Heads of persons in 'Death of General Wolfe'
attributed to Benjamin West PRA (Swarthmore 1738 - London 1820)
Art / Drawings and watercolours
1760 - 1767
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Quebec House, Kent (Accredited Museum)
On show at
A print showing the main people in Benjamin West’s famous painting of the ‘Death of General Wolfe’ at the Battle of Quebec in September 1759. Central is Wolfe himself surrounded by Major Barre, General Monckton, Captain Hervey Smyth, Captain Williamson and Surgeon Adair and the American Indian Chief.
Heads of principal persons shown in West's 'Death of General Wolfe'. Drawing in plumbago.
The reverse of this drawing bears an old label – ‘Benjamin West, PRA. Portraits in plumbago of the Heads of General Wolfe, Major Barre, General Monckton, Captain Hervey Smyth, Capt Williamson and surgeon Adair + the American Chief Indian’ It is believed that this drawing was executed in plumbago on parchment as a frontispiece to Wollett’s engraving after Benjamin West's 'Death of General Wolfe'. This version varies significantly from the publish frontispiece; the key published in 1776 is of much simpler design, the heads are posed in a different manner and only six people, Monkton, Williamson, Barre, Debbieg, Smyth and Adair are included. Debbieg is absent from the plumbago sketch and Wolfe and the ‘American Chief Indian’ are missing from the published version. Historians have sought to identify the figures in West’s masterpiece but controversy has always surrounded the image. Writing in 1847 John Hale’s daughter complained ‘General Hale is not inserted in that fine print of Wolfe’s death, and why? Because he would not give the printer the sum of £100, which he demanded as the price of placing on a piece of paper what his own country knew so very well, viz.: that he fought in the hottest of the battle of Quebec, whether the printer thought fit to record it or not”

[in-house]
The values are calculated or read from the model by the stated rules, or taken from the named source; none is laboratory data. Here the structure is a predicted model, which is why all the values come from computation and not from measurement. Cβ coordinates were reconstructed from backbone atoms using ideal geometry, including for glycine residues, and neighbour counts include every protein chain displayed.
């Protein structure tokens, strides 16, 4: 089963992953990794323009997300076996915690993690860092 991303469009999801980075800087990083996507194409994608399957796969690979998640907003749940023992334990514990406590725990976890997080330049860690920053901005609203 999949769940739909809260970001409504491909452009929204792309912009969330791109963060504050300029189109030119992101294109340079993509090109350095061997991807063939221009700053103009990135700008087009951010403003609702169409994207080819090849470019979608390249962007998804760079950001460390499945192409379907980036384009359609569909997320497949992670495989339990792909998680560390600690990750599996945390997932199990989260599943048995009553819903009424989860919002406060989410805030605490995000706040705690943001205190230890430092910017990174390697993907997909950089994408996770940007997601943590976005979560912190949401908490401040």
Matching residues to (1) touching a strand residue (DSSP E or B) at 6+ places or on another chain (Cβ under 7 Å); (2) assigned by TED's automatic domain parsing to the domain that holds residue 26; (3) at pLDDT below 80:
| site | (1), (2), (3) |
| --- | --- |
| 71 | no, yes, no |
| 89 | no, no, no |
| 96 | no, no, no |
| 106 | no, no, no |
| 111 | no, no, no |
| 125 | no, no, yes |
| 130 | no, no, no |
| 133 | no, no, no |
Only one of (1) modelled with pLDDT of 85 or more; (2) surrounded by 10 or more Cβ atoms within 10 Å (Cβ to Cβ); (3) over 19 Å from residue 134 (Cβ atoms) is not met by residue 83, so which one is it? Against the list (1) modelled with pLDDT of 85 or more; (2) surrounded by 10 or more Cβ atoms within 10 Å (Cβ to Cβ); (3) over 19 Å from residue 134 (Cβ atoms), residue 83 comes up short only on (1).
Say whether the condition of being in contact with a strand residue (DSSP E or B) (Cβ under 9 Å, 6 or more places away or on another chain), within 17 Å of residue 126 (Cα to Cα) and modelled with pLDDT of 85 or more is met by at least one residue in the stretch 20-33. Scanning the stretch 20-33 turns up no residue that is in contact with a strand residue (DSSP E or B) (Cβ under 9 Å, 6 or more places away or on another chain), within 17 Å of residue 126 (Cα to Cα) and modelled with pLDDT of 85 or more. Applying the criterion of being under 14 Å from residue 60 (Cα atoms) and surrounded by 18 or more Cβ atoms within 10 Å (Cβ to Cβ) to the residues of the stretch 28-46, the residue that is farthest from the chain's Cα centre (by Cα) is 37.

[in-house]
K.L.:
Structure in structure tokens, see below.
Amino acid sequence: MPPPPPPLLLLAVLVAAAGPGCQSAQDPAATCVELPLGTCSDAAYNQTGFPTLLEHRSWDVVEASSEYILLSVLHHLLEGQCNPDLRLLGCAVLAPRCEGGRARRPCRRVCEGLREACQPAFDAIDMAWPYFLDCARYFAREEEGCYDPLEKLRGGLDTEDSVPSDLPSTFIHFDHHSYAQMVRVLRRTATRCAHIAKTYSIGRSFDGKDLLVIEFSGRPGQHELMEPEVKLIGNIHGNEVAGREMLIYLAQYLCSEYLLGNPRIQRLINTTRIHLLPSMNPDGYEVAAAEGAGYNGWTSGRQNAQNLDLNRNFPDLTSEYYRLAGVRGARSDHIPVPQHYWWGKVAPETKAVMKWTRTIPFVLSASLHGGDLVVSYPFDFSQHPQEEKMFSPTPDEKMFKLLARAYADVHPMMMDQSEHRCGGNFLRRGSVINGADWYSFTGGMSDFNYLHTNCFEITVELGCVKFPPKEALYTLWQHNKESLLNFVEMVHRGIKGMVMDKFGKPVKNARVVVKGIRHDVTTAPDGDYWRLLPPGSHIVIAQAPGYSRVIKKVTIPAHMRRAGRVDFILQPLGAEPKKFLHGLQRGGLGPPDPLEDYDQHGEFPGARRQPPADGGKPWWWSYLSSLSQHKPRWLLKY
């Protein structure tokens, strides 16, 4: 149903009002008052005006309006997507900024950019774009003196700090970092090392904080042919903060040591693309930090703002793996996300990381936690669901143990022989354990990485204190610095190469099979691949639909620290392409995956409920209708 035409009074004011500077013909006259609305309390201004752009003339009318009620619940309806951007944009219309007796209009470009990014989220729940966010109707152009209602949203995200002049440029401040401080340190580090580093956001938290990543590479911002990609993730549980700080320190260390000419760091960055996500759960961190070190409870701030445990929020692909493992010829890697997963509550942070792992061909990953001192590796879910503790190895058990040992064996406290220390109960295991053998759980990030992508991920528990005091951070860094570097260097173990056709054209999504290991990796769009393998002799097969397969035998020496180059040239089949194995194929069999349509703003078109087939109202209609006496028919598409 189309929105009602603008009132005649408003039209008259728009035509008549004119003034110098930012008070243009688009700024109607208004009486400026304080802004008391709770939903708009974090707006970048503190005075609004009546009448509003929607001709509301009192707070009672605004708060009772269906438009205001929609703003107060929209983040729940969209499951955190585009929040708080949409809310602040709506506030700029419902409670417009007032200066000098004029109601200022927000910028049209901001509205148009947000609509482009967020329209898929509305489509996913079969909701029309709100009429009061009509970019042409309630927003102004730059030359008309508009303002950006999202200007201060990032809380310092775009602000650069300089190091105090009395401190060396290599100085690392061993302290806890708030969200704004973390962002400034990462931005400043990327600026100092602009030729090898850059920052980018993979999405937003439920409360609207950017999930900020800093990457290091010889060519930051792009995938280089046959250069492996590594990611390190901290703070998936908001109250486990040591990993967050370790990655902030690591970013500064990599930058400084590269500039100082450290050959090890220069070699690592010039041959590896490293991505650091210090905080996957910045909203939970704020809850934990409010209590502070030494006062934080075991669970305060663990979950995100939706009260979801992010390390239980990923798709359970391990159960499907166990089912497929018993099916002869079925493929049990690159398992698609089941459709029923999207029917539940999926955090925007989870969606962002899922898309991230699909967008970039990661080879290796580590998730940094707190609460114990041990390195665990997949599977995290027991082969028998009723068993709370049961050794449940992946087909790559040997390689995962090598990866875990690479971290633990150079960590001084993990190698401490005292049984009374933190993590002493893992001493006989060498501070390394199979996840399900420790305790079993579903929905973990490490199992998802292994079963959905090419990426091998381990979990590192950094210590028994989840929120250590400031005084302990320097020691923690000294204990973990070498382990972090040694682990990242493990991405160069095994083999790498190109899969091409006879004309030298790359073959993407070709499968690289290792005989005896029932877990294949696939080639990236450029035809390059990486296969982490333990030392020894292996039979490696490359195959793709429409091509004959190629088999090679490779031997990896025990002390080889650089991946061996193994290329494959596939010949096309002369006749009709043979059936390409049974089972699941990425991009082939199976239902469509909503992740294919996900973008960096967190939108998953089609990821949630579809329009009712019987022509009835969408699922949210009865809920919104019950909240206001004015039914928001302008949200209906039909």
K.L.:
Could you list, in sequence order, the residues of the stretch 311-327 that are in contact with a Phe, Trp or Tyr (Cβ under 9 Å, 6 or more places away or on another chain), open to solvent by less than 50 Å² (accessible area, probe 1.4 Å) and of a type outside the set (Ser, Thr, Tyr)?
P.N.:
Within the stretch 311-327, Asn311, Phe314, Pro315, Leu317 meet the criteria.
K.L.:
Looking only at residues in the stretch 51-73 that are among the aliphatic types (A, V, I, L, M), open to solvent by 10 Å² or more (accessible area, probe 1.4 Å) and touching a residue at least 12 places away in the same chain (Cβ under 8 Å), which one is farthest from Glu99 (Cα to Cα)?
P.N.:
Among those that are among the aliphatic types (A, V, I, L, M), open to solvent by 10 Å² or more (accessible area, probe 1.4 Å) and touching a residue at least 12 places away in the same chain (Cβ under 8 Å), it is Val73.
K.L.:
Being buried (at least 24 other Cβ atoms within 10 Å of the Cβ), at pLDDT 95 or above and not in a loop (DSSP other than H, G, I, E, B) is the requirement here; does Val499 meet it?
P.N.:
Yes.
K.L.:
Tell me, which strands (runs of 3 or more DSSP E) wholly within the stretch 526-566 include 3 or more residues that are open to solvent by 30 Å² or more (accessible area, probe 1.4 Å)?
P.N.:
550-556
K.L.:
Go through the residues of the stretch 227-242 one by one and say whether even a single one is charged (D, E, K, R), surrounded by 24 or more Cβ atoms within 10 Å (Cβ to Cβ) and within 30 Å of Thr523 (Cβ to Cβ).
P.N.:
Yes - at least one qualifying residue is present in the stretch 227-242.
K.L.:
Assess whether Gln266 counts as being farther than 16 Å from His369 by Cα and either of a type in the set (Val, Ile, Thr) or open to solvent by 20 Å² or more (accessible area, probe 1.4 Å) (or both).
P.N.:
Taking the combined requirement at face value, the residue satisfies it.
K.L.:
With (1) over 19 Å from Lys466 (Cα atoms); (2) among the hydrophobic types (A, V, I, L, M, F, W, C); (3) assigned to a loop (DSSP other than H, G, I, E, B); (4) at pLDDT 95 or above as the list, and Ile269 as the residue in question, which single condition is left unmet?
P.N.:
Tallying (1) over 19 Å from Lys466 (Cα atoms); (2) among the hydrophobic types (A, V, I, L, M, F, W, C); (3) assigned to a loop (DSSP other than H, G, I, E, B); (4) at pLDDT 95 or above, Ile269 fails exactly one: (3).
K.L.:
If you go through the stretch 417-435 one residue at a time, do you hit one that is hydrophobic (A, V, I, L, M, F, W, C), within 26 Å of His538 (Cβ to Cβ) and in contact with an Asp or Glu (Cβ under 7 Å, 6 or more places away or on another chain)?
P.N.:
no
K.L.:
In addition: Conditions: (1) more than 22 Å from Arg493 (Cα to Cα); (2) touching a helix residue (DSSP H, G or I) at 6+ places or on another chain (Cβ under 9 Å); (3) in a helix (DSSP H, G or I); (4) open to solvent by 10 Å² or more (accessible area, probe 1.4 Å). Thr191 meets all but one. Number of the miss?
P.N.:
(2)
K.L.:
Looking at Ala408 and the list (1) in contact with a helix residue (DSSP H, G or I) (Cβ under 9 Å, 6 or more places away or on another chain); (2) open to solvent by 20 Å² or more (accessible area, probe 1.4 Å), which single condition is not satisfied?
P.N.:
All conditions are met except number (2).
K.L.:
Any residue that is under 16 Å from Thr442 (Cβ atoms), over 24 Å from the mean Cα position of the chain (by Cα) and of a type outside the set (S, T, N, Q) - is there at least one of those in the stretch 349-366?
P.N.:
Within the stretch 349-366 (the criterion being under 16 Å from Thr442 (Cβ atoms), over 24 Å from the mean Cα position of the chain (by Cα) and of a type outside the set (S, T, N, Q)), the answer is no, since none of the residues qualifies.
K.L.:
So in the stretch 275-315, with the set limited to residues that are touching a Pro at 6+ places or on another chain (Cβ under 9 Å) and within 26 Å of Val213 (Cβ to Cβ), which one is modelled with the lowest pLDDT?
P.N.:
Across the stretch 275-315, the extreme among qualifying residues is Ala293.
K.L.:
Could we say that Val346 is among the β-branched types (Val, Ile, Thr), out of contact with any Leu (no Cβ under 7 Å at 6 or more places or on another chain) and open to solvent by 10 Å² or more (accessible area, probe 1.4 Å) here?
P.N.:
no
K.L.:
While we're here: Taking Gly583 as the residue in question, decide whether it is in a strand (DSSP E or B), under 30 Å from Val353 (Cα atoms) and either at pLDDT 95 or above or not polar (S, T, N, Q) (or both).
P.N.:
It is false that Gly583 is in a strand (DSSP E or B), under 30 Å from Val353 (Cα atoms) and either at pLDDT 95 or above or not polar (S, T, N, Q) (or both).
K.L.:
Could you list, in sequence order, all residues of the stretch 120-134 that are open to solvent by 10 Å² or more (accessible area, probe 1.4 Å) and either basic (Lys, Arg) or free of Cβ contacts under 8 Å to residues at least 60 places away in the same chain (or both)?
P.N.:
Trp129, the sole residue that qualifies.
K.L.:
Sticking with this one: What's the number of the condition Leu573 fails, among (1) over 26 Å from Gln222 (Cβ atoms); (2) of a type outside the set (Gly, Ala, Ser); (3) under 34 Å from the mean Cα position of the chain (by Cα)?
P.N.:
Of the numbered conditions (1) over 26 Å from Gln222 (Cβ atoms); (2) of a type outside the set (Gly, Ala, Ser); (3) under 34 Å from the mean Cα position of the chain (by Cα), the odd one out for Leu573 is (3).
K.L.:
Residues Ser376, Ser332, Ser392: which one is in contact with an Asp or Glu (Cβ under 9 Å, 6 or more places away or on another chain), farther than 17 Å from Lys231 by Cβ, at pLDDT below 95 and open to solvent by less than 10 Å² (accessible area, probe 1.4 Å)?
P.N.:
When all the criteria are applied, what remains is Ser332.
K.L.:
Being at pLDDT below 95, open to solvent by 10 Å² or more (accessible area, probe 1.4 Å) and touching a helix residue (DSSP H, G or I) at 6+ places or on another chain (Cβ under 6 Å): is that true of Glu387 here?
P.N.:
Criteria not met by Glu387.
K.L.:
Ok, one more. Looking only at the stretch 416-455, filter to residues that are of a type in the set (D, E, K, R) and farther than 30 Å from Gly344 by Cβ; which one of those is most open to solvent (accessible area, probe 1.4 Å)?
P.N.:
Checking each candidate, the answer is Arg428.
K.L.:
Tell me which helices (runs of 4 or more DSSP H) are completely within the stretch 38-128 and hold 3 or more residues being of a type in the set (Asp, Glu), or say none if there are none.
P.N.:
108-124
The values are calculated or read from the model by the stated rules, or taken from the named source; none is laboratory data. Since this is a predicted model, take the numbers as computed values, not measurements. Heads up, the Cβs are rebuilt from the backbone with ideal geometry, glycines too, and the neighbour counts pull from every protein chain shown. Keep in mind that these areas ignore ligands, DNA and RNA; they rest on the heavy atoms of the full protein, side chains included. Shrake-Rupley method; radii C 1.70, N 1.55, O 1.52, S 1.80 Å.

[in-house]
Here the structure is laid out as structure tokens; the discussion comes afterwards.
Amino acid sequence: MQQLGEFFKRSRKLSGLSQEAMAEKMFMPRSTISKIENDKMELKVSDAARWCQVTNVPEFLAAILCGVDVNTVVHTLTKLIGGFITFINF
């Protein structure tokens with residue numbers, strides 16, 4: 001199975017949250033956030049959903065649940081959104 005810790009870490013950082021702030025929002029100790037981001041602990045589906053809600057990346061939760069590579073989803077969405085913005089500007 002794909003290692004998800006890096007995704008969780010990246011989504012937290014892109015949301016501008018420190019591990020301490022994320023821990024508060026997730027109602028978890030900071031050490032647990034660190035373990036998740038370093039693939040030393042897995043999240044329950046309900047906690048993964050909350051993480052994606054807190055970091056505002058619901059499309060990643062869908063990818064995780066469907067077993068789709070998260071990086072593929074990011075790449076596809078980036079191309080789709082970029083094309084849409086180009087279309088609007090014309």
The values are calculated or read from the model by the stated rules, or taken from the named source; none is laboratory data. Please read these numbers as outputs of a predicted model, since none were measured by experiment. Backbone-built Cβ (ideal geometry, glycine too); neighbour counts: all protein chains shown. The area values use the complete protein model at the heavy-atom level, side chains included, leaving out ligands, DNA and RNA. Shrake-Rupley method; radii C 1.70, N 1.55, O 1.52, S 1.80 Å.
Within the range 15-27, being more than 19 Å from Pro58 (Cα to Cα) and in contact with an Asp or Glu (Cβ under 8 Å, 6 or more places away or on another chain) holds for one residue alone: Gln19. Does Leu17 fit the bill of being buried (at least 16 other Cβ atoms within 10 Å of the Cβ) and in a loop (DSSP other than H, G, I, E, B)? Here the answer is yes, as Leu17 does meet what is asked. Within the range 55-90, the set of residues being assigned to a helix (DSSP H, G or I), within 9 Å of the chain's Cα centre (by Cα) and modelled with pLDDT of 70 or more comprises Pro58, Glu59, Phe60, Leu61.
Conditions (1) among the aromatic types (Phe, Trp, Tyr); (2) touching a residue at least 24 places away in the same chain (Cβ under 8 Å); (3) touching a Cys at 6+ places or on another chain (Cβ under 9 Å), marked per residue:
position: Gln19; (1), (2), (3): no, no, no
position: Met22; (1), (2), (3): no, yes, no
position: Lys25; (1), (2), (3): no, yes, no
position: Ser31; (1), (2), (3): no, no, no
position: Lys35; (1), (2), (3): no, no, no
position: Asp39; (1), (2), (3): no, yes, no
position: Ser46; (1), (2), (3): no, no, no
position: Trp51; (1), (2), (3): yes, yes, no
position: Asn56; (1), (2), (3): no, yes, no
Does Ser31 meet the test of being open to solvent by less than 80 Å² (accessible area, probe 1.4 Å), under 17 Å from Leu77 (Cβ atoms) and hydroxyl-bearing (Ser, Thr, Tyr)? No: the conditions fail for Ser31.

Formerly part of the Wolfe-Aylward Collection.
Makers and roles
attributed to Benjamin West PRA (Swarthmore 1738 - London 1820), original artist